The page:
There is a book entitled "Sin in the Second City" by Karen Abbott which paints an astonishing picture of Chicago in the days when John Day Sr. moved his family there soon after the San Francisco earthquake. It is centered on the Everleigh sisters who ran the most elegant bordello in the city and the ubiquitous corruption of the police and city officials and the play "Front Page," which became a movie, gives one an idea of the newspaper game as it was practiced in John Day's time. One of the authors was Ben Hecht, whom Dorothy knew. It was not uncommon for the editors of the city's newspapers to call one of the hundreds of bordellos to locate a reporter when some story was breaking and he could not be found at his desk. John Day, I'm told, was no stranger to either bars or bordellos and money was scarce in the Day household when he was on a "tear," He seems to have thought it not a bad idea to introduce his sons to this world as part of their education, but it was an altogether different story with his daughters. They were to be brought up as proper young ladies, so when Dorothy defied him and set out to become a newspaper woman he disowned her. In the old man's defense it is only just to say that he knew what kind of world she was entering. The men she met at the radical publications she favored were certainly a cut above the average but it was inevitable that she meet the other kind as well and she did in the person of Lionel Moise. He was a tough guy, rough on his women and much admired by Ernest Hemingway. I have a vague memory of Dorothy making a disparaging remark about Hemingway but I don't know if she had known him. The liaison with Moise was almost the end of her as it led to abortions and attempted suicide.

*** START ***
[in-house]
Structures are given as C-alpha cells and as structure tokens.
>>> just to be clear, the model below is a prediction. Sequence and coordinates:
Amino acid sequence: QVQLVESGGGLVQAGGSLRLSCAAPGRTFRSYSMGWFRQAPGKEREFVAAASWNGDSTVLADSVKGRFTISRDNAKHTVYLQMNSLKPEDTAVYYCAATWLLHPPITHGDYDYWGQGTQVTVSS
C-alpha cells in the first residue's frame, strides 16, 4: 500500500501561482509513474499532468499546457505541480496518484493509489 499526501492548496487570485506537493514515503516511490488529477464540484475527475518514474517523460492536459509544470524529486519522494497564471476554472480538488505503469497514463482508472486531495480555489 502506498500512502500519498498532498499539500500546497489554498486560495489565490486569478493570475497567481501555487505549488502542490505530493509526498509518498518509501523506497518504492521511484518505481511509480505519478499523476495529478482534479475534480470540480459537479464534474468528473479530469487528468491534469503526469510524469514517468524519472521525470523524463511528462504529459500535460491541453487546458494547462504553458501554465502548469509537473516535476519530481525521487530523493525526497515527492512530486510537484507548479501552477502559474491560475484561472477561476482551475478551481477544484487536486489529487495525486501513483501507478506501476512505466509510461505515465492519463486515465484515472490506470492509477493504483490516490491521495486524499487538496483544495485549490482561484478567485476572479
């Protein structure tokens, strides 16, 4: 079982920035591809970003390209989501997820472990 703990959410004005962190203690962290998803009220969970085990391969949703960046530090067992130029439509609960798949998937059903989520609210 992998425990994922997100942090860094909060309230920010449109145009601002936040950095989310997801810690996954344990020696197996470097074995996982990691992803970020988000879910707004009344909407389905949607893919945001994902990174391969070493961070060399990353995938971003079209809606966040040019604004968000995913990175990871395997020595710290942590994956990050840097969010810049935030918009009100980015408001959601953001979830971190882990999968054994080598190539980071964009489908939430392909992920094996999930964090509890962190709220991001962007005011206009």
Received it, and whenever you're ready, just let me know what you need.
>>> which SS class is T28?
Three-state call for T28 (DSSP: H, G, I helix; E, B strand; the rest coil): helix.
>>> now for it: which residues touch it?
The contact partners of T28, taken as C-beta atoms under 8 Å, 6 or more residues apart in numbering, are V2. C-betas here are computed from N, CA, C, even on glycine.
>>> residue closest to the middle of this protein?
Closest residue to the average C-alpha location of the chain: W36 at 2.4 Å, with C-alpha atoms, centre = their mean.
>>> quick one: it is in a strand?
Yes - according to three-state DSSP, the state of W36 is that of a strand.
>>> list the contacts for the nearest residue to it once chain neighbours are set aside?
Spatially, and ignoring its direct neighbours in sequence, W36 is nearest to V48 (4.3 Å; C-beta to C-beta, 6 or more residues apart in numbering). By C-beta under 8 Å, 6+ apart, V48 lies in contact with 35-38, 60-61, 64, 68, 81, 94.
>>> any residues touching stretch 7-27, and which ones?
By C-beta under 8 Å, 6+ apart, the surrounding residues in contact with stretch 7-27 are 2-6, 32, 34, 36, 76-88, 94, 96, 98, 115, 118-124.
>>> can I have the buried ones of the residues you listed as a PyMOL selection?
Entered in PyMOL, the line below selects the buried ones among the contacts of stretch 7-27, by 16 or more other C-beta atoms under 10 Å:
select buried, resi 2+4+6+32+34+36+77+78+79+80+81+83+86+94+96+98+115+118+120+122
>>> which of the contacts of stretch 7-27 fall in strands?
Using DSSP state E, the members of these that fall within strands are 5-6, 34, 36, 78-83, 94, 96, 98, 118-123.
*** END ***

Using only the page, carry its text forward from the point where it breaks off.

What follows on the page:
It is interesting to note that when her mother was dying she asked Dorothy "Do you really believe we will see those we have known in life--your father, for instance? When Dorothy said yes, her mother responded "I don't know whether I want to see your father again."